Is President Donald Trump about to intervene militarily in the Syrian civil war? For that is what he and his advisers seem to be signaling.
Last week, Trump said of Syrian President Bashar Assad’s campaign to recapture the last stronghold of the rebellion, Idlib province: “If it’s a slaughter, the world is going to get very, very angry. And the United States is going to get very angry, too.”
In a front-page story Monday, “Assad is Planning Chlorine Attack, U.S. Says,” The Wall Street Journal reports that, during a recent meeting, “President Trump threatened to conduct a massive attack against Mr. Assad if he carries out a massacre in Idlib.”
Idlib contains three million civilians and refugees and 70,000 rebels, 10,000 of whom are al-Qaida.
Friday, The Washington Post reported that Trump is changing U.S. policy. America will not be leaving Syria any time soon.
The 2,200 U.S. troops in Syria will remain until we see “the exit of all Iranian military and proxy forces and the establishment of a stable, non-threatening government acceptable to all Syrians.”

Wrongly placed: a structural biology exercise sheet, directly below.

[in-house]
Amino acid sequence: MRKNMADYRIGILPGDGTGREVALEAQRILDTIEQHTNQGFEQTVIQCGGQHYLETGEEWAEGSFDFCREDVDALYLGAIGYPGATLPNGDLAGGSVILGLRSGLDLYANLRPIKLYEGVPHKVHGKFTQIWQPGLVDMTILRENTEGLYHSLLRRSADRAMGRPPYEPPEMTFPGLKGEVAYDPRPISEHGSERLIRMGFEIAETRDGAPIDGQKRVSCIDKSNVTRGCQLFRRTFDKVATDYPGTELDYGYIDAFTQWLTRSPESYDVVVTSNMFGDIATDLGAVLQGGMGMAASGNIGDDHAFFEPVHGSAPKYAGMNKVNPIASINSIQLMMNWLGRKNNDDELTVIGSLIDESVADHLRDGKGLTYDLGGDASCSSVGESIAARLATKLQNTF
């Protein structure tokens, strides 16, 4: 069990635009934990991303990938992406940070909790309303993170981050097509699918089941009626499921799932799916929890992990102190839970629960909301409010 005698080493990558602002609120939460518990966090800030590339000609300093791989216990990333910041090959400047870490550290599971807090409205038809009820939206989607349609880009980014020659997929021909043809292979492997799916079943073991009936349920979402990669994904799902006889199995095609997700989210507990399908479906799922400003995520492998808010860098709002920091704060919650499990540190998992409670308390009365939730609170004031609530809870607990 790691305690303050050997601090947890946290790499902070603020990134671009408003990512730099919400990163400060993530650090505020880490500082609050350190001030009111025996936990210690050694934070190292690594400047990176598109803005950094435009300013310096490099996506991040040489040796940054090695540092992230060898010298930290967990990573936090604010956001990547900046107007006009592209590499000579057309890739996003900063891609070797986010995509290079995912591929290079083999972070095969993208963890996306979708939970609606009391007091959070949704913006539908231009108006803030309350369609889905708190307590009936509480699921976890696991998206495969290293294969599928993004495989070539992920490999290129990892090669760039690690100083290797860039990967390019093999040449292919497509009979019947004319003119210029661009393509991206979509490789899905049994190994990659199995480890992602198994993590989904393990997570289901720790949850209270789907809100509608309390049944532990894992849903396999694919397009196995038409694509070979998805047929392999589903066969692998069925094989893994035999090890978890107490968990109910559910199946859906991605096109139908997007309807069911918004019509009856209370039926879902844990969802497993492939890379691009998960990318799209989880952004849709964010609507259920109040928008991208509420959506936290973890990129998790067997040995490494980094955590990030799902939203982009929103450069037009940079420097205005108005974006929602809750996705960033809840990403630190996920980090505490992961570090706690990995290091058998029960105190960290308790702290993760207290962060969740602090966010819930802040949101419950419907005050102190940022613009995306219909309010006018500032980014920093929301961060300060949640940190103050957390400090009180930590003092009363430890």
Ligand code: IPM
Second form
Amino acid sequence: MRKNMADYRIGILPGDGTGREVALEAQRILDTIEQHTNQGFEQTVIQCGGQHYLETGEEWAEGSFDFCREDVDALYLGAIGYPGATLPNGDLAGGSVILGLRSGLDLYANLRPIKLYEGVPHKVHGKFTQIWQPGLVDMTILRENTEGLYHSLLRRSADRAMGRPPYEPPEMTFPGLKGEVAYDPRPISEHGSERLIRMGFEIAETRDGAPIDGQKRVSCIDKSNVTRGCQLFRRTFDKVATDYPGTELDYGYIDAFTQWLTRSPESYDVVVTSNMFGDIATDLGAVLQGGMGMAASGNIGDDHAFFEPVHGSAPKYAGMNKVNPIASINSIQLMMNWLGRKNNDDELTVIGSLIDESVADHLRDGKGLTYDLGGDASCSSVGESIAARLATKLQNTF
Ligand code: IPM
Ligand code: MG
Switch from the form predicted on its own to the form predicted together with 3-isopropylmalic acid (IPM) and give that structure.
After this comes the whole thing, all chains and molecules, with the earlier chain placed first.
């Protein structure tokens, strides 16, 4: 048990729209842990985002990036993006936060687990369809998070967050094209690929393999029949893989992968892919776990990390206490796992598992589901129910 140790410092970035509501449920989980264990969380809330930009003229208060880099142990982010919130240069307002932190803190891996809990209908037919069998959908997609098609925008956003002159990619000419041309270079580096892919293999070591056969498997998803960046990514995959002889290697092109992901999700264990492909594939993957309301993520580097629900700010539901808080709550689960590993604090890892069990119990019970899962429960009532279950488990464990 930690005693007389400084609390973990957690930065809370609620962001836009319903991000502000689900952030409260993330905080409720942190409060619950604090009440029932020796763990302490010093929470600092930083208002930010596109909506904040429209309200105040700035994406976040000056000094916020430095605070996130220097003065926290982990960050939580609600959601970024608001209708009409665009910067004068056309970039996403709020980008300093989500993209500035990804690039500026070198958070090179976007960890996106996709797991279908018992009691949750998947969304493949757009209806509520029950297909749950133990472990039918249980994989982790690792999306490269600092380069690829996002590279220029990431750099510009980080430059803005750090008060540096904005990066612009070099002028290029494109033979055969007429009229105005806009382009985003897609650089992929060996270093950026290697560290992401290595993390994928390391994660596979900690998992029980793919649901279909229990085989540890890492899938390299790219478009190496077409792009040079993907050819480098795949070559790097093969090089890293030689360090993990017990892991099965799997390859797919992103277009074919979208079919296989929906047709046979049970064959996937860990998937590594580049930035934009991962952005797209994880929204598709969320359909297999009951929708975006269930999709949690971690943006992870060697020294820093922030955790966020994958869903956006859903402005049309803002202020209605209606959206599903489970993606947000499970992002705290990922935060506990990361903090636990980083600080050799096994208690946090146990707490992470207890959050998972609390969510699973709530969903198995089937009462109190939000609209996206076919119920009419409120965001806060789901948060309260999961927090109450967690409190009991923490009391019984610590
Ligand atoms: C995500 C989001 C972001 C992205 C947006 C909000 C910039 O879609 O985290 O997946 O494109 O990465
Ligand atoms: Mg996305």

“We are not in a hurry to go,” said James Jeffrey, the retired Foreign Service officer brought back to handle the Syria account. “The new policy is we’re no longer pulling out by the end of the year.”
President Obama had a red line against Syria’s use of poison gas, which Trump enforced with bombing runs. Now we have a new red line. Said Jeffrey, the U.S. “will not tolerate an attack. Period.”
In an editorial Friday, the Post goaded Trump, calling his response to Assad’s ruthless recapture of his country “pathetically weak.” To stand by and let the Syrian army annihilate the rebels in Idlib, said the Post, would be “another damaging abdication of U.S. leadership.”
What Trump seems to be signaling, the Post demanding, and Jeffrey suggesting, is that, rather than allow a bloody battle for the recapture of Idlib province to play out, the United States should engage Russian and Syrian forces militarily and force them to back off.
On Friday, near the U.S. garrison at Tanf in southern Syria, close to Iraq, U.S. Marines conducted a live-fire exercise.